I think we all expected an article like this. Let me state initially that the purpose of this article is not to present arguments for either side, but to give a diplomatic opinion that fairly presents a broad summary of the facts as well as a suggestion of how we have responded and should respond to such an issue.
On the evening of Tuesday March 31st, Dean Brad Voyles sent out the email to all traditional students that, effective for the 2015-16 Academic Year, it is mandatory that all full-time Covenant students sign up for some form of a meal plan. The reasons for this decision included preserving and contributing to the community at Covenant, removing the pressure from off-campus students to cook for themselves constantly, and strengthening the financial contract that Covenant College has with Chartwells.The nature of the following massive response prompted the Q&A session, initially scheduled for April 4th in Brock, to be held two days earlier in larger Sanderson 215. On Thursday April 2nd at 11am, Dean Voyles called together the discussion session, where many students were present along with Tom Schreiner, the liaison between Covenant and Chartwells. After opening with a prayer, Dean Voyles gave a broad overview of the decision and the issue at hand before accepting questions. Many questions were asked and statements were made by students, most being frustrated and irate. Students addressed: the timing of the decision, the involvement in a community was a personal decision, and the extra cost of the meal plan would prevent some from returning to the school. In the end, having listened to and responding as fairly as possible to the concerns, Dean Voyles said that he would take the shared feedback to administration once again.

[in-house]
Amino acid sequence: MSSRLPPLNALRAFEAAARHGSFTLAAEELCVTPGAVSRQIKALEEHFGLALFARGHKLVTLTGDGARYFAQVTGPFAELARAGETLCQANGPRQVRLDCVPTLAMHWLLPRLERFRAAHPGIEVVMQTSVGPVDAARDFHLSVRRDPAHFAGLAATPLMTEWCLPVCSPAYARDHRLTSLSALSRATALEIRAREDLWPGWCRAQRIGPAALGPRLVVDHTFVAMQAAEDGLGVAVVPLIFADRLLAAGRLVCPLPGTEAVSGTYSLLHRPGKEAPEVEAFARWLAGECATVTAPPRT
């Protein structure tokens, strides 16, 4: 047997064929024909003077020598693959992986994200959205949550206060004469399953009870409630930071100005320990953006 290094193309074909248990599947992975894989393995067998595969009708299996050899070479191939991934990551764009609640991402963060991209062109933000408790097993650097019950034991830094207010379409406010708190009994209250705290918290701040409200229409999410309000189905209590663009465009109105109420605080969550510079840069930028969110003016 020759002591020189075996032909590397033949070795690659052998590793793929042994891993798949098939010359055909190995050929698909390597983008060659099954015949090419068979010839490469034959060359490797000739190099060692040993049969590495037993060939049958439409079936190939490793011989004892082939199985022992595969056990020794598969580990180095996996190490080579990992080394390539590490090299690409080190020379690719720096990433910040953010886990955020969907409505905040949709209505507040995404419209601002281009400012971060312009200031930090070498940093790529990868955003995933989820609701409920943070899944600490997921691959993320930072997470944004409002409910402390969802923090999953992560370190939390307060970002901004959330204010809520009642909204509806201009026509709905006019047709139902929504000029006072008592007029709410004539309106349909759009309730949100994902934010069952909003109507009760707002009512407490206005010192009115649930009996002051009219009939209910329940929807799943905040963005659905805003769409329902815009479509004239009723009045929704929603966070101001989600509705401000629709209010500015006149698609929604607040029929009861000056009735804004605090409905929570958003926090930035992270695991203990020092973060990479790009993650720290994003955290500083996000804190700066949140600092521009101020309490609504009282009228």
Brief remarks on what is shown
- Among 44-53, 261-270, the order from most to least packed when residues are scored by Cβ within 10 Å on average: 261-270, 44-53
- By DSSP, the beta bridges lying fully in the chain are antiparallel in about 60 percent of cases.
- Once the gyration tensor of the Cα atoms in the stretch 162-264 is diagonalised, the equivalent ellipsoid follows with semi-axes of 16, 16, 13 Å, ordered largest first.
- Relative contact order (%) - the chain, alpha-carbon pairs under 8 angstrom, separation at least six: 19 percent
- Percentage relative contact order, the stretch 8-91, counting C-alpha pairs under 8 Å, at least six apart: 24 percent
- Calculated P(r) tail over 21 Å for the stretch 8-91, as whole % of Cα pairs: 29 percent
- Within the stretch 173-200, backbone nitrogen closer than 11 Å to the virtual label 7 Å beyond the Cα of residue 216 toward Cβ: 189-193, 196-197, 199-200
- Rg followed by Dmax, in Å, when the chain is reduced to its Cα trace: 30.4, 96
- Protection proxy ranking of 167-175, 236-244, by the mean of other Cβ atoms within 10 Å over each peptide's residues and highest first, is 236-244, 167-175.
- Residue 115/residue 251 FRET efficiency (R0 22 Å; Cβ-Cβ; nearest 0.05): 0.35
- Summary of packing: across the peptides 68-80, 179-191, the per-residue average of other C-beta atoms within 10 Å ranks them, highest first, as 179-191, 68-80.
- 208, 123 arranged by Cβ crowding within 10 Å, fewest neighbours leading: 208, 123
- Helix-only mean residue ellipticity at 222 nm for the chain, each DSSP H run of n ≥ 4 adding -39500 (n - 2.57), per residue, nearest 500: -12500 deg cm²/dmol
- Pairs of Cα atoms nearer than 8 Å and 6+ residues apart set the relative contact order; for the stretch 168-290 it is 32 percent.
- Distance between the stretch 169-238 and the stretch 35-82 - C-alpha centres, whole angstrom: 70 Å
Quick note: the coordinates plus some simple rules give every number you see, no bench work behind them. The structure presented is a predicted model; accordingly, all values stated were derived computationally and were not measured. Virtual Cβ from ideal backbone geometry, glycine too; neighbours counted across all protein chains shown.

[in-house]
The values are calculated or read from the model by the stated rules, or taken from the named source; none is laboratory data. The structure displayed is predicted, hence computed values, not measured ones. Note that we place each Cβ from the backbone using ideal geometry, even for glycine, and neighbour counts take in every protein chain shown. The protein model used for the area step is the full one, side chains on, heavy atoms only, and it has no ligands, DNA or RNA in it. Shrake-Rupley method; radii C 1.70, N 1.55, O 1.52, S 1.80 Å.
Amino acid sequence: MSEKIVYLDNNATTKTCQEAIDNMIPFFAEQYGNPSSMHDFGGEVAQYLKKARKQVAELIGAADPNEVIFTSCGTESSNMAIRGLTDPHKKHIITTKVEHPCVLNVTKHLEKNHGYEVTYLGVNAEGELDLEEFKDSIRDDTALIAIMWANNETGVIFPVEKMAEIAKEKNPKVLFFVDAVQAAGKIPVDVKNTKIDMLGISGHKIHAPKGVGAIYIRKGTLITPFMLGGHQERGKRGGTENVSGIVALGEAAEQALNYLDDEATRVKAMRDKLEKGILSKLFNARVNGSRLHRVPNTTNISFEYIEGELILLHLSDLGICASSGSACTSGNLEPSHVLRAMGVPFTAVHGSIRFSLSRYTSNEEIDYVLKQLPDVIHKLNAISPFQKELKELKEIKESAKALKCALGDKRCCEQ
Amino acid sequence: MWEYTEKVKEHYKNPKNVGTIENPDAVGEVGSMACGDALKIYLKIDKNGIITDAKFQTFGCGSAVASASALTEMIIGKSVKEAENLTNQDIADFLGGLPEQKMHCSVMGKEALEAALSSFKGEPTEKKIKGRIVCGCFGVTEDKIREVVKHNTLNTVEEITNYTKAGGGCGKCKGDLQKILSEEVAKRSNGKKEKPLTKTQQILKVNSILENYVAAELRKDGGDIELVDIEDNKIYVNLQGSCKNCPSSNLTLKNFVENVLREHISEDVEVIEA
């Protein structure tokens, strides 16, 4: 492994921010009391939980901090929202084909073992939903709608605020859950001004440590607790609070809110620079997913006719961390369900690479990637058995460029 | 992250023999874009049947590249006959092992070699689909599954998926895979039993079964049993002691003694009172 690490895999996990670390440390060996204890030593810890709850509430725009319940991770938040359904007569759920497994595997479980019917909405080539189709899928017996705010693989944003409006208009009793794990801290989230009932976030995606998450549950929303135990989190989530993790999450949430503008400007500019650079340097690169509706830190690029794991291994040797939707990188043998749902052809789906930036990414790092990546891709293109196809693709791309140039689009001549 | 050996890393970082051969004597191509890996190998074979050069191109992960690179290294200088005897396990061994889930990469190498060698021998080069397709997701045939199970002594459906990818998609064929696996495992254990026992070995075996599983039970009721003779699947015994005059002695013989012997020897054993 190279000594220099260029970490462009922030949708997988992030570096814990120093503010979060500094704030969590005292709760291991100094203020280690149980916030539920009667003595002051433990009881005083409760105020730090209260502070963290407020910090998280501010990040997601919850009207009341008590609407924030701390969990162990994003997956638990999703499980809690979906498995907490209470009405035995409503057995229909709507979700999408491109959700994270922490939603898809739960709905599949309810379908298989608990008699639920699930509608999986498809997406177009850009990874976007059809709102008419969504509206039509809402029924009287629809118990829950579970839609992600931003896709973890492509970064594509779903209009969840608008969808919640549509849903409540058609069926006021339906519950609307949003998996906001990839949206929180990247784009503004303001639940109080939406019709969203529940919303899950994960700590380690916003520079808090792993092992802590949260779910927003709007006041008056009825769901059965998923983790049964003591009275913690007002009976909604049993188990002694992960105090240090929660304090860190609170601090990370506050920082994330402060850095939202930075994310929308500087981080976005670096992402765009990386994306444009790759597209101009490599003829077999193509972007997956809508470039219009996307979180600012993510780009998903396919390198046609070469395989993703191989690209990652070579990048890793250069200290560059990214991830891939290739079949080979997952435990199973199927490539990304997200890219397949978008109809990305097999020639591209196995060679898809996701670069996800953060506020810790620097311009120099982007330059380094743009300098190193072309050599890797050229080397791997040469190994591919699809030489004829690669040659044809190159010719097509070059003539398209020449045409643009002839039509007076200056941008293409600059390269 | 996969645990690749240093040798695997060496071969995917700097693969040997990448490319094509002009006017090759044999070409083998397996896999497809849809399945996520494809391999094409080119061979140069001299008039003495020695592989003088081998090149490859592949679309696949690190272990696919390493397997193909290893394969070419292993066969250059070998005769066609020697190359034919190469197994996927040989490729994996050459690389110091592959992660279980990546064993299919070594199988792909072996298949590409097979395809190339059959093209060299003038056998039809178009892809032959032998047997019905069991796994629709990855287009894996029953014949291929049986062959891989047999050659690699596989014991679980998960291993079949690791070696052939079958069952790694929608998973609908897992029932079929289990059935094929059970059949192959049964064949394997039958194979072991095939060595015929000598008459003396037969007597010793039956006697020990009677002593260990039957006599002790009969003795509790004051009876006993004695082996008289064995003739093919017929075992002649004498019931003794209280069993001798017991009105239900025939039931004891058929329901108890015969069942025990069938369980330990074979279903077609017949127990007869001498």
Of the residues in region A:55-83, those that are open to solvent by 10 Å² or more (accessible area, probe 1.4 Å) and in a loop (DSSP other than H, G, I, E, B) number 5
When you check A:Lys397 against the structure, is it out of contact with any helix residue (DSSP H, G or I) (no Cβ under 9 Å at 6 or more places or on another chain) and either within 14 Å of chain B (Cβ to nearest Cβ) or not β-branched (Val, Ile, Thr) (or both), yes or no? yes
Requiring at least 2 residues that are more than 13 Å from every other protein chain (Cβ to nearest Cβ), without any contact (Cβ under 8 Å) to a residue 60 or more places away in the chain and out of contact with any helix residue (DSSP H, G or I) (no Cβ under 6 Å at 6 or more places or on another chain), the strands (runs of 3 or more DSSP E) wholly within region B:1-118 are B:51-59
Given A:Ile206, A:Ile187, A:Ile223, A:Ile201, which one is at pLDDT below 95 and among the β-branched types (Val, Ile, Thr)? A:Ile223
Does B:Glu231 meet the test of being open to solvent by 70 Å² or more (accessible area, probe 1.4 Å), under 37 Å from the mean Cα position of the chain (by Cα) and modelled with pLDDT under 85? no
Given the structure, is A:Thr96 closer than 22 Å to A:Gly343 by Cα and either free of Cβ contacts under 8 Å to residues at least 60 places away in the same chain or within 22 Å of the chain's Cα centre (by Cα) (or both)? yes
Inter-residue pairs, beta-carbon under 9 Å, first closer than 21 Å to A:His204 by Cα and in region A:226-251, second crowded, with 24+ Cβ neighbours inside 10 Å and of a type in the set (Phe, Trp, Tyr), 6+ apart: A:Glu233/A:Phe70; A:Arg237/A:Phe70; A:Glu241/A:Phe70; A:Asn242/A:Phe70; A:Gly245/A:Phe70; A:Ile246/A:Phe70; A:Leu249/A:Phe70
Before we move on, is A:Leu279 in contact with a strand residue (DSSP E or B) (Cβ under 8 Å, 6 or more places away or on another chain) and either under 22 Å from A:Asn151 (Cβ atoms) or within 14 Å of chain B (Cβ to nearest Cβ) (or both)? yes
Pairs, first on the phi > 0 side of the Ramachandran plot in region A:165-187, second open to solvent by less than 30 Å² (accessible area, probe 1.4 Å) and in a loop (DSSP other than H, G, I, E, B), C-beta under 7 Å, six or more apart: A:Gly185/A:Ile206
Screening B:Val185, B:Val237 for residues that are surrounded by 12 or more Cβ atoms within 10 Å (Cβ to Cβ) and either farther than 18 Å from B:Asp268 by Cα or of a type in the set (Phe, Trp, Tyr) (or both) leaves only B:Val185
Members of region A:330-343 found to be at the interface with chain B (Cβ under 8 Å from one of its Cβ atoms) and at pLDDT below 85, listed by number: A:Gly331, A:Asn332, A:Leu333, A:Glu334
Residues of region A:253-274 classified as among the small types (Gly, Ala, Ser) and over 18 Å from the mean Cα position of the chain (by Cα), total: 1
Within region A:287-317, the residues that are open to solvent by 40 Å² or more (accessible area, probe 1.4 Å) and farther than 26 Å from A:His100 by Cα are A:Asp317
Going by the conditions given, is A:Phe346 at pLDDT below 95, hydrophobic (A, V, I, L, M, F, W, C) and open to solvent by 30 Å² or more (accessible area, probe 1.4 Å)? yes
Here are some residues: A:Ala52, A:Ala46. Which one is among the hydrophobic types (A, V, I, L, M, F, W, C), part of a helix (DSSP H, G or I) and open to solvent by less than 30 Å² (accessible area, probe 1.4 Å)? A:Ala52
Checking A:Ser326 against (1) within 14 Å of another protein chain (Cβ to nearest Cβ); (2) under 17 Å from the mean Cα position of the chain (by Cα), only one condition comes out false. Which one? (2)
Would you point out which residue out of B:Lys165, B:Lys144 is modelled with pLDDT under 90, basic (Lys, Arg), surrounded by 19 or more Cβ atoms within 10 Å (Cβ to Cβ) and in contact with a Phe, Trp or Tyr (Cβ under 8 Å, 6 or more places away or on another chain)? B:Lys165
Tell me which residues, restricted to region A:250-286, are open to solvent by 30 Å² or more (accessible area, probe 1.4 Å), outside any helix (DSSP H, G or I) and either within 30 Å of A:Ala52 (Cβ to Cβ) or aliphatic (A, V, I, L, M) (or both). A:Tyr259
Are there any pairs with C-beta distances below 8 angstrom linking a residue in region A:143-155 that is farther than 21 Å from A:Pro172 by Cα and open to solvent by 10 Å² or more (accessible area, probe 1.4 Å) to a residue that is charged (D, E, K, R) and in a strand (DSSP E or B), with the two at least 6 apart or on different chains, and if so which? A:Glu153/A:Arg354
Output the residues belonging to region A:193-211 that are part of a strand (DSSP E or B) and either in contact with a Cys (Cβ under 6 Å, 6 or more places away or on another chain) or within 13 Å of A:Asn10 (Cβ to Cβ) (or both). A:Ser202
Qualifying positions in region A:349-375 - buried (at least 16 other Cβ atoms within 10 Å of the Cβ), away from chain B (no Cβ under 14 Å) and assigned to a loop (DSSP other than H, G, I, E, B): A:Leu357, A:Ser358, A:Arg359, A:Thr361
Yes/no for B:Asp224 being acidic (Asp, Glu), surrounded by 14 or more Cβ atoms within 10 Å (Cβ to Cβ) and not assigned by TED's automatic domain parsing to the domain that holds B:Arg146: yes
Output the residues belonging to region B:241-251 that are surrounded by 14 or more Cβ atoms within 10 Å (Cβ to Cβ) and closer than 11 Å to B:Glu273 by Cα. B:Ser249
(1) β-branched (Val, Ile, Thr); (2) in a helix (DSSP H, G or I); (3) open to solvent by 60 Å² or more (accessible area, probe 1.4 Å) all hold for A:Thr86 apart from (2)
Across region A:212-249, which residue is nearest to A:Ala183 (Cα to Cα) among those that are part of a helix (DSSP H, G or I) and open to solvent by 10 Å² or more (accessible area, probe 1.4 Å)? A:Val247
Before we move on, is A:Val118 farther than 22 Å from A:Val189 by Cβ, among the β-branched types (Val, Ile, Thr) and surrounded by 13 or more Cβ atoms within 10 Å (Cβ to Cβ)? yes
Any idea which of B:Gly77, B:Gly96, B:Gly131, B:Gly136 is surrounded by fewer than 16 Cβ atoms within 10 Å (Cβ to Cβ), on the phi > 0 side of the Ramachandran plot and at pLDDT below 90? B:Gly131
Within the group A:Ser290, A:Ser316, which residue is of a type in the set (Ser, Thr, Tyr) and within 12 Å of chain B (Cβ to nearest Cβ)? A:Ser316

How did we respond? The student response was massively negative. All of the aforementioned reasons and more propelled many in our community to take an outraged stance, feeling stifled and unheard by administration. Many of us remember what we were saying on the topic in centers of unrestrained speech such as Yik Yak. Needless to say, this decision caused a massive uproar. But how should we actually respond? We must acknowledge that there is frustration on both sides, and also truth spoken by both sides. I, too, signed the petition. We, the students, had a chance to speak out for our cause- the timing of this decision was not perfect, and communication could have been clearer all around.
However, I do not think that we responded as we should have- we have overstepped our bounds as representatives of our free speech and crossed over the respectful lines we have as members within a community. If administration does decide to carry out this plan, we should prepare ourselves to respond well. We all know that we are called to respect our authorities. Furthermore, we are called to love each other. The statement “In All Things Profit Preeminent” was posted during the student backlash. It is not even remotely funny. We all know that we love Covenant College and are deeply appreciative of many of its irreplaceable aspects and the things we are learning here as members of a Christian community. Stepping back from all of this, we can be reminded of how much we truly believe that we are deeply indebted to this place, academically and spiritually.
If we place Christ before all things, we realize that we have a higher calling, a calling to walk in humility. Is it worth sacrificing our integrity for community-wide disagreements like this? Even regardless of who is “right,” we are all a part of this institution. We are, even more significantly, a part of the body of Christ, in whom all things are truly preeminent. Regardless of how justified we are in our cause, how will we communally represent ourselves in the face of frustration? Each side must also realign itself to cooperate and listen to the other. Corporately, let us simmer down and remember ultimately that “a harvest of righteousness is sown in peace by those who make peace.